"The Moorside site in Cumbria remains a site designated by government for nuclear new build and has huge local support. It is therefore vital [the] government facilitates the build of new nuclear on the site for the sake of the energy security of the UK and for the local economy in Cumbria," Greatrex said. "With all but one of the UK's nuclear power plants due to come offline before 2030, there's an urgent need for new nuclear to be built quickly, and the Moorside site has a key role to play in this."

Vital need

The GMB trade union said a new nuclear power plant in West Cumbria "remains vital" for the UK's future energy security and requires urgent action.

GMB said the NDA "needs to be scrapped as it currently exists", and a "re-tasked" Nuclear Development Agency created to make sure Moorside, and the accompanying creation of thousands of new jobs and apprenticeships, goes ahead. GMB has "long argued" the government should take a stake in the financing of the Moorside plant, which would have provided 7% of the UK’s electricity needs from 2025.

In the 12 months from 7 March 2017, every 1-in-5.6 days was a low wind day (65 days in total), which meant wind turbines in the UK produced less than 10% of their installed and connected capacity for more than half of the day, GMB said. For 341 days in the year, solar output was below 10% of installed capacity for more than half of the day, it added.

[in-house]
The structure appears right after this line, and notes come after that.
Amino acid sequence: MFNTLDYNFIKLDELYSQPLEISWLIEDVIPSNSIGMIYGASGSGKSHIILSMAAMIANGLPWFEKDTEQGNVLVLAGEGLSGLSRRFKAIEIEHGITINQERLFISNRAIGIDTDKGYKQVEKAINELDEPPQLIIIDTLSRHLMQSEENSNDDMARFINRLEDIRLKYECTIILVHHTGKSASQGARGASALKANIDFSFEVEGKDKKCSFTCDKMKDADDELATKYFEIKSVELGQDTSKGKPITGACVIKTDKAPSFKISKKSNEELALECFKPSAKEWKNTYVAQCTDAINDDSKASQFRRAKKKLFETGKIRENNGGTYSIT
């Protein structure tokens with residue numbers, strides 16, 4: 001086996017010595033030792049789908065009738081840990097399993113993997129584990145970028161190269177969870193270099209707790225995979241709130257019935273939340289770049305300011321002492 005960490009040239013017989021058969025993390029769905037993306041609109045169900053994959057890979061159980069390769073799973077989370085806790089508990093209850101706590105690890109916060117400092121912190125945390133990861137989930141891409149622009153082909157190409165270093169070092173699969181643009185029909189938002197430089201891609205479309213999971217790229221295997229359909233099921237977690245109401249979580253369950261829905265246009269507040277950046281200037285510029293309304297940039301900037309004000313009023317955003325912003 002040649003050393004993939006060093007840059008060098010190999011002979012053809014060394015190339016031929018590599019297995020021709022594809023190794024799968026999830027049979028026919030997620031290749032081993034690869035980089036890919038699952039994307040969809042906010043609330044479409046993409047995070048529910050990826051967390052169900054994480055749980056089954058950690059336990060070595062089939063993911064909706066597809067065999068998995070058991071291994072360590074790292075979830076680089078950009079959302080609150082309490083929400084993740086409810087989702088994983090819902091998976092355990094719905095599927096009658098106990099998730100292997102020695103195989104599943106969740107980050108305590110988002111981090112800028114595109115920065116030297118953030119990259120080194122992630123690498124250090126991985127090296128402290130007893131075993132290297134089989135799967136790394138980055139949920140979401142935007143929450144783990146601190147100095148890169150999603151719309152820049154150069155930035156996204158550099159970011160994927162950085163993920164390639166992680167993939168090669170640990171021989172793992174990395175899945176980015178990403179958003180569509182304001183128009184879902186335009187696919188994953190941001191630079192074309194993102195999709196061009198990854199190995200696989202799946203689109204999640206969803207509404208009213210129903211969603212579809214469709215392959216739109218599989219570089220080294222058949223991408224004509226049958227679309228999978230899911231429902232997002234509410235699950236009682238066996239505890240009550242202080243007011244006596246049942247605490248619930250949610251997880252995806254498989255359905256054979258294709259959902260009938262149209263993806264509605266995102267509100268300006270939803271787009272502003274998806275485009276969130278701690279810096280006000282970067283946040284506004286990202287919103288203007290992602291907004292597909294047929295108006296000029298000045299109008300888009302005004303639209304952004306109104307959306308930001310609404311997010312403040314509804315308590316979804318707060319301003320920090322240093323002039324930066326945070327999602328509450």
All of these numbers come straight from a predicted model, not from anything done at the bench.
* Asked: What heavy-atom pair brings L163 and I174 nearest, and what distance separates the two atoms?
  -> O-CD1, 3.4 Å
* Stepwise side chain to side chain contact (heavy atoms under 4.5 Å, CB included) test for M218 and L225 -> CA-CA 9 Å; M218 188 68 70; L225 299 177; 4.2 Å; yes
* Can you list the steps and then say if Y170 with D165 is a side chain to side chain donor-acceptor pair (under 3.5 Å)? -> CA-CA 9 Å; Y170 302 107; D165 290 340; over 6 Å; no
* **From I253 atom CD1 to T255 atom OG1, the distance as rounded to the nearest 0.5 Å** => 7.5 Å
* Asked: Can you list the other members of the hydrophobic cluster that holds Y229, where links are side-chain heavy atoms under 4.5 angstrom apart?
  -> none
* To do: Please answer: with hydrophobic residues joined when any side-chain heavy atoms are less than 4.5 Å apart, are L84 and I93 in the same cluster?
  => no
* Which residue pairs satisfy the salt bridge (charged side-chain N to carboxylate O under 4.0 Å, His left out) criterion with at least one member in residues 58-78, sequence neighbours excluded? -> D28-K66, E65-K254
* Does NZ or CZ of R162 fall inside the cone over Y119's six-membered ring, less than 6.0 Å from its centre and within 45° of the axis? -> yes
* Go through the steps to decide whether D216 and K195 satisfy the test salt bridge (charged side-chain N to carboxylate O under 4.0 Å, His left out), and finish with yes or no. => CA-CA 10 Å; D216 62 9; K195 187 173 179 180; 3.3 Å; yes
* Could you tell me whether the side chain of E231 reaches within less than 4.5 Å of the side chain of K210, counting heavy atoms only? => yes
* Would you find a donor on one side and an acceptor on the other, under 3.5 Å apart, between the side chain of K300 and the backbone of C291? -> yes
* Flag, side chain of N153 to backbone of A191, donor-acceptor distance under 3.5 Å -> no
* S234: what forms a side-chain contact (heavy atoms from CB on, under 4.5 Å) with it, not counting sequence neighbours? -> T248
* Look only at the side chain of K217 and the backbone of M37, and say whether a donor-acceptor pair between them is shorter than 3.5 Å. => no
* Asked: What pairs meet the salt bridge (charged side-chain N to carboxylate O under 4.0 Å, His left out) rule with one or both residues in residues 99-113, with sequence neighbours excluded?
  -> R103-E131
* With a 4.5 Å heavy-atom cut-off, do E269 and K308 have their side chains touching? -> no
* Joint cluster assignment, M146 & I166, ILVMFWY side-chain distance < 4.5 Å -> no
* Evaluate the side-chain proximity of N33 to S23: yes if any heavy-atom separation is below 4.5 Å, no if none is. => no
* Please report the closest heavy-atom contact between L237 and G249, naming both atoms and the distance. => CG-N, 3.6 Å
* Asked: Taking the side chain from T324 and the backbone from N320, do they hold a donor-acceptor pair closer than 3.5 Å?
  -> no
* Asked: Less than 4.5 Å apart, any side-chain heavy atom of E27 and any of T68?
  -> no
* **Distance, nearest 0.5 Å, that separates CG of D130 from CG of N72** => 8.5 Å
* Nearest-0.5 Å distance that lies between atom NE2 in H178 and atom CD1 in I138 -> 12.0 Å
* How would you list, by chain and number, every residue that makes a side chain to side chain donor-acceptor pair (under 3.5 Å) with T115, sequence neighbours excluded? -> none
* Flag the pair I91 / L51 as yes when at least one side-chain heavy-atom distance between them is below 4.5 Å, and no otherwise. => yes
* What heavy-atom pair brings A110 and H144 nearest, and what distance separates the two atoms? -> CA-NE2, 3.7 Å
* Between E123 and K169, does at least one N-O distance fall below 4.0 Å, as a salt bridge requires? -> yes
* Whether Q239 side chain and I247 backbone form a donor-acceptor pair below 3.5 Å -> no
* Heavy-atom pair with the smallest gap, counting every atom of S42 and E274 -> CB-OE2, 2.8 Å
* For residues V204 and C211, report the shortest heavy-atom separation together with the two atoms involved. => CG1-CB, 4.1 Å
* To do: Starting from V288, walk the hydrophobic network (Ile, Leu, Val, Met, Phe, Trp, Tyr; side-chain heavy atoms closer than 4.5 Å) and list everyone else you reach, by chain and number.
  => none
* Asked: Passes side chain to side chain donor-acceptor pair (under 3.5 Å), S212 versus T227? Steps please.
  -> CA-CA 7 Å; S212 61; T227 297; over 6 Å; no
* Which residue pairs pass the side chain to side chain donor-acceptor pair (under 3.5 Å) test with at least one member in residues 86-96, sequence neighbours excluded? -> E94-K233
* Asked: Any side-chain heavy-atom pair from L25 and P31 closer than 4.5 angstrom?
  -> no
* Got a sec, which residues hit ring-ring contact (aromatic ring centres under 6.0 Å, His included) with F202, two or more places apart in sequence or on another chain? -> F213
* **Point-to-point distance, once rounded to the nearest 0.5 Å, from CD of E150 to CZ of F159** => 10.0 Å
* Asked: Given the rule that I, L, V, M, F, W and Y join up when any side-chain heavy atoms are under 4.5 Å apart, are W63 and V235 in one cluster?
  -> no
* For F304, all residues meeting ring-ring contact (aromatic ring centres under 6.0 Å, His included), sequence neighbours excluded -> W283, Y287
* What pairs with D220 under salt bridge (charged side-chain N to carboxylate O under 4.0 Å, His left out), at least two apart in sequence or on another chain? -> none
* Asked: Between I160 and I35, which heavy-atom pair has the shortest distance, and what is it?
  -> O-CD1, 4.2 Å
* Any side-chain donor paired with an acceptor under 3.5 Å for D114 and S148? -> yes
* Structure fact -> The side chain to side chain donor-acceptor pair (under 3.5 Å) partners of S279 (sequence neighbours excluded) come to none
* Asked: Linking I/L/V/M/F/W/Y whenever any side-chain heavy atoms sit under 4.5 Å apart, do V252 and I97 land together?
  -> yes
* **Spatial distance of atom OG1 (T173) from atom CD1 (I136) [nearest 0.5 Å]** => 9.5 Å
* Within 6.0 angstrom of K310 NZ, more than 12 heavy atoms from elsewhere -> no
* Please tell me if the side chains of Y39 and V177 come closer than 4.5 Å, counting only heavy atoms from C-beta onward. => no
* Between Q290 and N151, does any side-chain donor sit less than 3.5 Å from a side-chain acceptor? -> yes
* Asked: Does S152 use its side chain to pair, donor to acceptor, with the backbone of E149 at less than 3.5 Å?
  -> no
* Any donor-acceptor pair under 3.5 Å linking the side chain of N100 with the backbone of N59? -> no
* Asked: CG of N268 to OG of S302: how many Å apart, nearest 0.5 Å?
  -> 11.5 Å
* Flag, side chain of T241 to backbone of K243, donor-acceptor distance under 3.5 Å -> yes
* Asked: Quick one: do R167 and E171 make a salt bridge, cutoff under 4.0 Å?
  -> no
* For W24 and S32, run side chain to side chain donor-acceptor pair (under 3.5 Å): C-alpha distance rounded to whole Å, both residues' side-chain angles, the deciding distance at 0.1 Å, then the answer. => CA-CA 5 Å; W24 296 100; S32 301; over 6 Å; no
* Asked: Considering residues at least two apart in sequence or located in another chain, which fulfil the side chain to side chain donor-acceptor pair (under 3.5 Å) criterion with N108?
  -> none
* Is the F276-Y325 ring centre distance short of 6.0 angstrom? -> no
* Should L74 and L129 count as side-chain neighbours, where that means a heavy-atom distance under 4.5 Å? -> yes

NuGen was originally owned 37.5% each by Iberdrola and GDF Suez of Belgium, and 25% by Scottish & Southern Energy (SSE), with Iberbrolda and GDF Suez becoming 50:50 owners after SSE decided to withdraw from the project in 2011.

The consortium purchased an option on a 190- hectare site to the north of the Sellafield complex from the NDA in 2009. The plot of land and the plant project are called Moorside, which was one of five proposed sites for nuclear new build in the UK, alongside EDF Energy's Hinkley Point C and Sizewell C and Horizon Nuclear Power's Wylfa Newydd and Oldbury B sites.

In December 2013, Iberdrola agreed to sell its 50% stake in the NuGen consortium to Toshiba for GBP85 million. In April 2015, GDF Suez rebranded as Engie, which announced two years later that it planned to transfer its 40% share in NuGen to Toshiba.

Researched and written by World Nuclear News